PATERSON, NJ – The city’s public safety problems boiled over in 2011. More crimes were reported in Paterson last year than in any of the previous seven years. The number of non-fatal shootings doubled. Layoffs reduced the ranks of the police department by about 25 percent.
In marches, in prayer services and in their comments at community meetings, Patersonians have demanded a safer city. What will the candidates in the May 8 City Council elections do to improve public safety? PatersonPress.com poses several questions to the candidates on this issue.
Over the next eight days, PatersonPress.com will post separate stories on the responses provided by the candidates in each race. Today, we start with the citywide At-Large contest, in which Frank Filippelli, Kenneth McDaniel and Flavio Rivera are vying for one seat.
PatersonPress.com: What qualifications or qualities should Paterson's next police chief have? Explain.
Frank Filippelli: First of all, he must be well-liked and respected by the men and women that he will be commanding. If people don’t respect their boss they are not going to work to the best of their ability and this can cause great animosity and low morale in the department. I believe he should be labeled by his peers as a “COP’S, COP.” It helps if like me, he was born, raised and lives in our city. Then he will have an understanding of the different cultures and neighborhoods throughout Paterson. I would like to see someone with a proactive approach. Someone who has vision and can work with the administration as well as the city council and community based organizations. Having exceptional knowledge of law and management is a MUST.
Kenneth McDaniel: Here are some of the qualifications and qualities that I recommend that we look for in our next Police Chief:
- A Bachelor’s degree (Master’s Degree Preferred) in Police Administration, Criminal Justice, Public Administration, or related fields of study. Other professional, academic achievement and /or experience, including advanced certifications may be substituted for higher level degrees.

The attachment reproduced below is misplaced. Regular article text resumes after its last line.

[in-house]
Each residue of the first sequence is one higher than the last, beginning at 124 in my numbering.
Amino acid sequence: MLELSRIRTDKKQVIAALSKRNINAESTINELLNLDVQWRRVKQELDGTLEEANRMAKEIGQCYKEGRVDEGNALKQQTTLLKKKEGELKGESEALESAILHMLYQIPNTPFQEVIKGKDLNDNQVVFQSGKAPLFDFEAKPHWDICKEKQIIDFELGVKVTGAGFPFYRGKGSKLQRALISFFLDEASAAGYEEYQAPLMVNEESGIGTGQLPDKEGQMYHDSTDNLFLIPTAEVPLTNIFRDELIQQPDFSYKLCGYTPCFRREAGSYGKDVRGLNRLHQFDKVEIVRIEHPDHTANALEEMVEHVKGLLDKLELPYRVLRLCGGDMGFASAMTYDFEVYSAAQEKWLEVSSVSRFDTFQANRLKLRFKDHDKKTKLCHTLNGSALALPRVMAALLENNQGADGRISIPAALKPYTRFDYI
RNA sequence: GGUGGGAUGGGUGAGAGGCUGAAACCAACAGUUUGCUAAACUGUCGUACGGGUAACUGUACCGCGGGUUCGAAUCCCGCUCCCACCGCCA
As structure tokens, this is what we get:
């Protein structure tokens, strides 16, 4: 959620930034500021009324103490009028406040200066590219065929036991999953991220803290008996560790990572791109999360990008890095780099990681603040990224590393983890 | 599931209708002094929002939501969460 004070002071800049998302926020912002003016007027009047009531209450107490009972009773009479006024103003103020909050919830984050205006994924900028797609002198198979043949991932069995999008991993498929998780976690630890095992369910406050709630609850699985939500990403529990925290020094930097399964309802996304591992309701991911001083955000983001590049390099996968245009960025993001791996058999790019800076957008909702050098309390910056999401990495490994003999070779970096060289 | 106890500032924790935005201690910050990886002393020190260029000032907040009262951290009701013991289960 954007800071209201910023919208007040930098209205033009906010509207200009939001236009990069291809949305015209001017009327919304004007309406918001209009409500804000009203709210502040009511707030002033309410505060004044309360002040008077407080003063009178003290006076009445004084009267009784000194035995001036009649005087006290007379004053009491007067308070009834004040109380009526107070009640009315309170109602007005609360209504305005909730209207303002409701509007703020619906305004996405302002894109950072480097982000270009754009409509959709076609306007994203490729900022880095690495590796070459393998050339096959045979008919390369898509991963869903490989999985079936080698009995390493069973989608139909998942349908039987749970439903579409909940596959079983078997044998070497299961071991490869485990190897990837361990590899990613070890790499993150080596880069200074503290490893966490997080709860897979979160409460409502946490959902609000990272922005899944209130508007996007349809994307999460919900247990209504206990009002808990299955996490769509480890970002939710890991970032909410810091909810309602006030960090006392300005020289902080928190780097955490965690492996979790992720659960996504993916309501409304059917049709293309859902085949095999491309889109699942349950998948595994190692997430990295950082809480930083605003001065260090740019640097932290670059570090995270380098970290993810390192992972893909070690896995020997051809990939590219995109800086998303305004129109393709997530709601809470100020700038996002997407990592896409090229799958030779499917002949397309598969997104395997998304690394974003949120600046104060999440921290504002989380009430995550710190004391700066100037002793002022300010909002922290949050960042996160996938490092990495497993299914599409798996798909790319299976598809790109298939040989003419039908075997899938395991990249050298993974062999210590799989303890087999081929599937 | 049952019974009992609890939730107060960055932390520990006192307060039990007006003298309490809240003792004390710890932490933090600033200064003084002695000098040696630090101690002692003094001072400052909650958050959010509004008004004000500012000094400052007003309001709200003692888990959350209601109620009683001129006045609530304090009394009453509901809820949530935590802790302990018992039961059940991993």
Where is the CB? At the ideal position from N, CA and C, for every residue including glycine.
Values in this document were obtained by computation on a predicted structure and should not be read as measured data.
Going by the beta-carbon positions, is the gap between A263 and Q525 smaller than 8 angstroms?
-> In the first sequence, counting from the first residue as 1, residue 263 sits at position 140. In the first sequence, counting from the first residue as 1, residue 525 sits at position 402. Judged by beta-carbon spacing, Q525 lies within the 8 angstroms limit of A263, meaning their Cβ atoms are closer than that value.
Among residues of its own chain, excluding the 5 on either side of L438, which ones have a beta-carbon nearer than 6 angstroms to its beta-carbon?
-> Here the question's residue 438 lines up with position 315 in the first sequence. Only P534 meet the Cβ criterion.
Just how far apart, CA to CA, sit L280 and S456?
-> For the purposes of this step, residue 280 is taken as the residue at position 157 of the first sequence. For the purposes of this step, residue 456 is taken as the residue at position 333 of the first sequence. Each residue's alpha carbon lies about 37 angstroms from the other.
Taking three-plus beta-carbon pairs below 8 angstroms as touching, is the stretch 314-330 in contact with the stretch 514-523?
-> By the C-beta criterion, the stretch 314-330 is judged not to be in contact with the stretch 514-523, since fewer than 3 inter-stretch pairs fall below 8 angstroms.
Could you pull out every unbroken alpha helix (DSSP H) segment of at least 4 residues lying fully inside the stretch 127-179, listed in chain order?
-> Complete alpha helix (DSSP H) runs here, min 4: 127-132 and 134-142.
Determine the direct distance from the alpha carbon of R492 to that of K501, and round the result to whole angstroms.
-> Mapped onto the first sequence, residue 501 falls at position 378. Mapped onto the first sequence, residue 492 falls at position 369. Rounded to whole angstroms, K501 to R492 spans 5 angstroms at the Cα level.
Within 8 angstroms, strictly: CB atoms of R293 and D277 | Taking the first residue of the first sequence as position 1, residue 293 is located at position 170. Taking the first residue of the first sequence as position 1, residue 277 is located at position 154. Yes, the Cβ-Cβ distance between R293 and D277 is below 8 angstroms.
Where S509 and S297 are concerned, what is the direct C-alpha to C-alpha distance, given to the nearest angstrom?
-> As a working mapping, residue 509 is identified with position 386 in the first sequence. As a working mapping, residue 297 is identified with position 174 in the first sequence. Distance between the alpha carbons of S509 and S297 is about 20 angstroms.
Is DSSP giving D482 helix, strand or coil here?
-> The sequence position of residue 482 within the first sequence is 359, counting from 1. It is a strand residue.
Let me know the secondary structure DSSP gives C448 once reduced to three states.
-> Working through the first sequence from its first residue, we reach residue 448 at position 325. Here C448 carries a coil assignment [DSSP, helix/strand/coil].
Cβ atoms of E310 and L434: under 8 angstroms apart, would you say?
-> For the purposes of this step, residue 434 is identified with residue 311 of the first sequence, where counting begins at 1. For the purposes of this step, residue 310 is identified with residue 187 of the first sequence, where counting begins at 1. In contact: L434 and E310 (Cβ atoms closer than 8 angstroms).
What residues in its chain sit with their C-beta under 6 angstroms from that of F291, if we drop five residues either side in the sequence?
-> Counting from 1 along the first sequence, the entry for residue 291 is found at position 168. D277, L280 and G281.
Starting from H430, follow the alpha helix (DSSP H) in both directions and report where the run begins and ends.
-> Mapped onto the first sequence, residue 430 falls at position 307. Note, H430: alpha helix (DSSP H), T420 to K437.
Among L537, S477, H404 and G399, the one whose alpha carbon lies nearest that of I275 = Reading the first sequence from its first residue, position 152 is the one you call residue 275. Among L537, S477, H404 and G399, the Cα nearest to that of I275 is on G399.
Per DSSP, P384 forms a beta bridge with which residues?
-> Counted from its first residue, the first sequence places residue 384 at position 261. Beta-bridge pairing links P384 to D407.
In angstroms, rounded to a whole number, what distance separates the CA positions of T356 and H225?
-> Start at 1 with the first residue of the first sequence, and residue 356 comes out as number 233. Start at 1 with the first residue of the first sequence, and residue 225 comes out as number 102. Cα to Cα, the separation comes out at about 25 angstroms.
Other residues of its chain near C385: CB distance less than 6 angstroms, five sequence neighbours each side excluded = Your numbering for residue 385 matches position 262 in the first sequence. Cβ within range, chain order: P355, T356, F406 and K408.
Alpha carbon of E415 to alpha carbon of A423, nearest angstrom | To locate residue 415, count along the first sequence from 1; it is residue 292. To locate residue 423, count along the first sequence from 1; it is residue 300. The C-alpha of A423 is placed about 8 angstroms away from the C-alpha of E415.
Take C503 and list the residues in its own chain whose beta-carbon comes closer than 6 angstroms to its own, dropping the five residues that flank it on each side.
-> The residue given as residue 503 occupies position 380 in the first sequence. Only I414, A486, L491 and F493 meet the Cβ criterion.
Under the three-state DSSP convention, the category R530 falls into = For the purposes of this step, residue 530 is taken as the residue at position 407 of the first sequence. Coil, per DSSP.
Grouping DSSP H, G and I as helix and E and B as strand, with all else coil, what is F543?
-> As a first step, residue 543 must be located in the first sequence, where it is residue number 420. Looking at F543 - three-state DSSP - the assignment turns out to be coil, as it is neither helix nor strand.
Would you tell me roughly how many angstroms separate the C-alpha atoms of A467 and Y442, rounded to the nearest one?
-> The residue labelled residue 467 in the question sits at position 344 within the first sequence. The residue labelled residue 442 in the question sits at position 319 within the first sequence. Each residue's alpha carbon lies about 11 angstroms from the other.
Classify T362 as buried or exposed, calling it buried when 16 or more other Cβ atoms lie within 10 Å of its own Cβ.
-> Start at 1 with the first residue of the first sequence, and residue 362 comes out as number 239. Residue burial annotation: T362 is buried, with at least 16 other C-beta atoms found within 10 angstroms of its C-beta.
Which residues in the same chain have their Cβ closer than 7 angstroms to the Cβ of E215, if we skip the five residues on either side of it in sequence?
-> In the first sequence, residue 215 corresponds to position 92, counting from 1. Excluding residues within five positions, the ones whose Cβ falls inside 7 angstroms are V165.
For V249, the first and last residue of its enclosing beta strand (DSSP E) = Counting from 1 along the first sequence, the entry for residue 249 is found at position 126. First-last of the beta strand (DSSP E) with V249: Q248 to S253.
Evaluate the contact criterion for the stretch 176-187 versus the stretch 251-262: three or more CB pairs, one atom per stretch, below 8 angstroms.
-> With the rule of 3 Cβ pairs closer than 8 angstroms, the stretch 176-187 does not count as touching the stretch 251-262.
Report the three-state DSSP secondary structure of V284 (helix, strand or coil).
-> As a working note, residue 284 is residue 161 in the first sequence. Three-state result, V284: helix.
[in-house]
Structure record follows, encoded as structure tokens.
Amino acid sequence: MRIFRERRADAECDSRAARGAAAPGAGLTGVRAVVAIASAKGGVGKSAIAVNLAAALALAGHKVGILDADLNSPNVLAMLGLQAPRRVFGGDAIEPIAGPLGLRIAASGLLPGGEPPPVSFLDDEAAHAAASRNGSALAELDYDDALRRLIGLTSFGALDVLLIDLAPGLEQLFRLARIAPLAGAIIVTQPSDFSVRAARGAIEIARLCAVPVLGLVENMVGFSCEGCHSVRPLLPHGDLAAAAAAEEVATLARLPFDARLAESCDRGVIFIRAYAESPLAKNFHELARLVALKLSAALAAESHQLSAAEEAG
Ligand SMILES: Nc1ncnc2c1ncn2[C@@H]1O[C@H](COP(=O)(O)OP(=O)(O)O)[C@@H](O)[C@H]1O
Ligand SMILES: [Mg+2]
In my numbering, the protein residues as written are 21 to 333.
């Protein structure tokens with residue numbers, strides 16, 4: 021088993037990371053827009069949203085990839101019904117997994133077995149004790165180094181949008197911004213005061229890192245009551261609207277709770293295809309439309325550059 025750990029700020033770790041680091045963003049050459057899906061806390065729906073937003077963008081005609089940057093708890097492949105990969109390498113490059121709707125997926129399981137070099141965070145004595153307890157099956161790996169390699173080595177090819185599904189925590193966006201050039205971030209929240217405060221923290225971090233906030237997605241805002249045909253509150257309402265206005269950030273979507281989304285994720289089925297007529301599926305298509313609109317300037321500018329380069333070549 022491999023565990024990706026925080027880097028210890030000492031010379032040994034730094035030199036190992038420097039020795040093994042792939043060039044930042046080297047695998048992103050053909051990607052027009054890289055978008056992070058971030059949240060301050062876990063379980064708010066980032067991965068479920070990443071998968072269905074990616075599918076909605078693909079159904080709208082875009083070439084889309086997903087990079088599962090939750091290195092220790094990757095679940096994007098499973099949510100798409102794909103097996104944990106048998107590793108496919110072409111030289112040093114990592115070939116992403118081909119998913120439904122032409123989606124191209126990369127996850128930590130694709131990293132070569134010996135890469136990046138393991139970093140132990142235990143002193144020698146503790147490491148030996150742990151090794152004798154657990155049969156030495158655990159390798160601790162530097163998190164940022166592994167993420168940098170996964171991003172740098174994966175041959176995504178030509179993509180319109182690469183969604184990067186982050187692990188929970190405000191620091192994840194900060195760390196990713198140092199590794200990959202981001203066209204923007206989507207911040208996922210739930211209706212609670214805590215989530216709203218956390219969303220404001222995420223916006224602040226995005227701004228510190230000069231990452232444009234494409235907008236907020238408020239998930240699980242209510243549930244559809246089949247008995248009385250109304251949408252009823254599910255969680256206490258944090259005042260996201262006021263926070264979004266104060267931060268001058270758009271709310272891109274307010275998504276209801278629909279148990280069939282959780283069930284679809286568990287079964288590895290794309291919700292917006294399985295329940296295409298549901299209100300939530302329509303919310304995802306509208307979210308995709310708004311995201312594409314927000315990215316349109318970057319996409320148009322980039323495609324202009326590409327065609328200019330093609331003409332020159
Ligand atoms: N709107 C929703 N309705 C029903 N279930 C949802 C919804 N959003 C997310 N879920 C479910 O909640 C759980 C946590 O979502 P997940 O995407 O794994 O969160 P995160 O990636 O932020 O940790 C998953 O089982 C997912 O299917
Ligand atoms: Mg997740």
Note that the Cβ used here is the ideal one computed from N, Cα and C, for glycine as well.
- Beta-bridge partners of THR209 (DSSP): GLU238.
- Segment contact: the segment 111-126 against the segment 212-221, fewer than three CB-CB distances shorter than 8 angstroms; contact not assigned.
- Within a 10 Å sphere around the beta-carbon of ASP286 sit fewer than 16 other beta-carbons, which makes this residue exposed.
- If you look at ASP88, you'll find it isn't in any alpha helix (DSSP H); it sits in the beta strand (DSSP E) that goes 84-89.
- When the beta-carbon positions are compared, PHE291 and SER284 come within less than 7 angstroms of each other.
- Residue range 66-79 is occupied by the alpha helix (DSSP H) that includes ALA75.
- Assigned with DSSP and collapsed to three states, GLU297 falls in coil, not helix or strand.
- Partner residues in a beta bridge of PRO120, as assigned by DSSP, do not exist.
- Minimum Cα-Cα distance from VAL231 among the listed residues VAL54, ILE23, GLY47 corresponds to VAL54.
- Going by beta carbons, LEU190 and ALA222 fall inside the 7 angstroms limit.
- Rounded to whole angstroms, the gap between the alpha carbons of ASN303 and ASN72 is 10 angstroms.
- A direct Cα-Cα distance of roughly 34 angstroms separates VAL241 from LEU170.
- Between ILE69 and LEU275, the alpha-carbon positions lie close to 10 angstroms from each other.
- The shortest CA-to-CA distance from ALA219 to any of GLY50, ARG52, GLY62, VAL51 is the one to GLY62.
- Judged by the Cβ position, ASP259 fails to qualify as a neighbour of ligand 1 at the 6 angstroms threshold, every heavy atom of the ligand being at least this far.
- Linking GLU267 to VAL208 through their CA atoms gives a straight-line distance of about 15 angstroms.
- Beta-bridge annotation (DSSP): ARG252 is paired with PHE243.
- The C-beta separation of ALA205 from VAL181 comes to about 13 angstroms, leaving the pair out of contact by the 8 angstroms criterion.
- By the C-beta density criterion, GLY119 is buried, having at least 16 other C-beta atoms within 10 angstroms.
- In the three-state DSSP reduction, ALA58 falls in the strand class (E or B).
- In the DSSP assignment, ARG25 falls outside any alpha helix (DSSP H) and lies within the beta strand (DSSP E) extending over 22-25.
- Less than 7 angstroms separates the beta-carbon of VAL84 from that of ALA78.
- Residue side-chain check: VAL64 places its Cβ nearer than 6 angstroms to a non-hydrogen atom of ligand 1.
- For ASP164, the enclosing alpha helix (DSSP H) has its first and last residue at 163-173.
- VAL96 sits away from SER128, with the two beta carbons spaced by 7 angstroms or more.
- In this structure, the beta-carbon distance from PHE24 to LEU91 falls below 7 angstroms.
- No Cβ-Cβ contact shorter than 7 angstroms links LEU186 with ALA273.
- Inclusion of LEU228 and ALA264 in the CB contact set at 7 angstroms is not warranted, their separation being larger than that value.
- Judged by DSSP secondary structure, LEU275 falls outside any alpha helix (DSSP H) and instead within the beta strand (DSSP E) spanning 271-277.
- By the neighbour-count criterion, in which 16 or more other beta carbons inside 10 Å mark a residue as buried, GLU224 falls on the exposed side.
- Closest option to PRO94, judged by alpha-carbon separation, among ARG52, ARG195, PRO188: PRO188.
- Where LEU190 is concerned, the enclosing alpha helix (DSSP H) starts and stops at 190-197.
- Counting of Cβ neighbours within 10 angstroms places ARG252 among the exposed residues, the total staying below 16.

- Graduation from an academy or institute dedicated to police administration.
- A minimum of ten years of progressively responsible police administration experience in a department of a similar population make-up, comparable size, similar budget, etc…
- At least five years of service in a command or supervisory capacity.
- Must be familiar with New Jersey Law and eligible for licensure within the State of New Jersey.
- Must meet all basic requirements for the position of Law Enforcement Officer, including but not limited to age requirements, criminal background check, psychological exam, etc…
- Possesses and exhibits good moral character.
- Ability to manage, influence and lead members of the Department at all levels of employment.
- Positive track record with community relations, community engagement, employee supervision, employee relations, management, fiscal responsibility, progressive officer training, grant acquisition, participation in state-wide / nationally recognized initiatives, etc…
- Clearly communicates a clear and positive outlook/vision for the City of Paterson with regard to public safety.
- Pluses (qualities that would be appealing to me)
- Resides in the City of Paterson
- Familiarity with the City of Paterson, its streets, its population, its government, its faith-based community, its public school system, its crime trends/statistics, its resources, its strengths, its weaknesses, etc…
- Active participation in community activities
- Commitment to the overall success of the City
The qualifications and qualities I listed above are what I believe a true Public Safety and Community Leader should possess and/or aspire to attain/achieve in his/her career as the highest ranking Law Enforcement Official in the City of Paterson. These are the qualifications and qualities that will undoubtedly be beneficial to the successful candidate as he/she carries out the duties and responsibilities of the difficult, challenging and hopefully rewarding post as Chief of Police in the City of Paterson, New Jersey.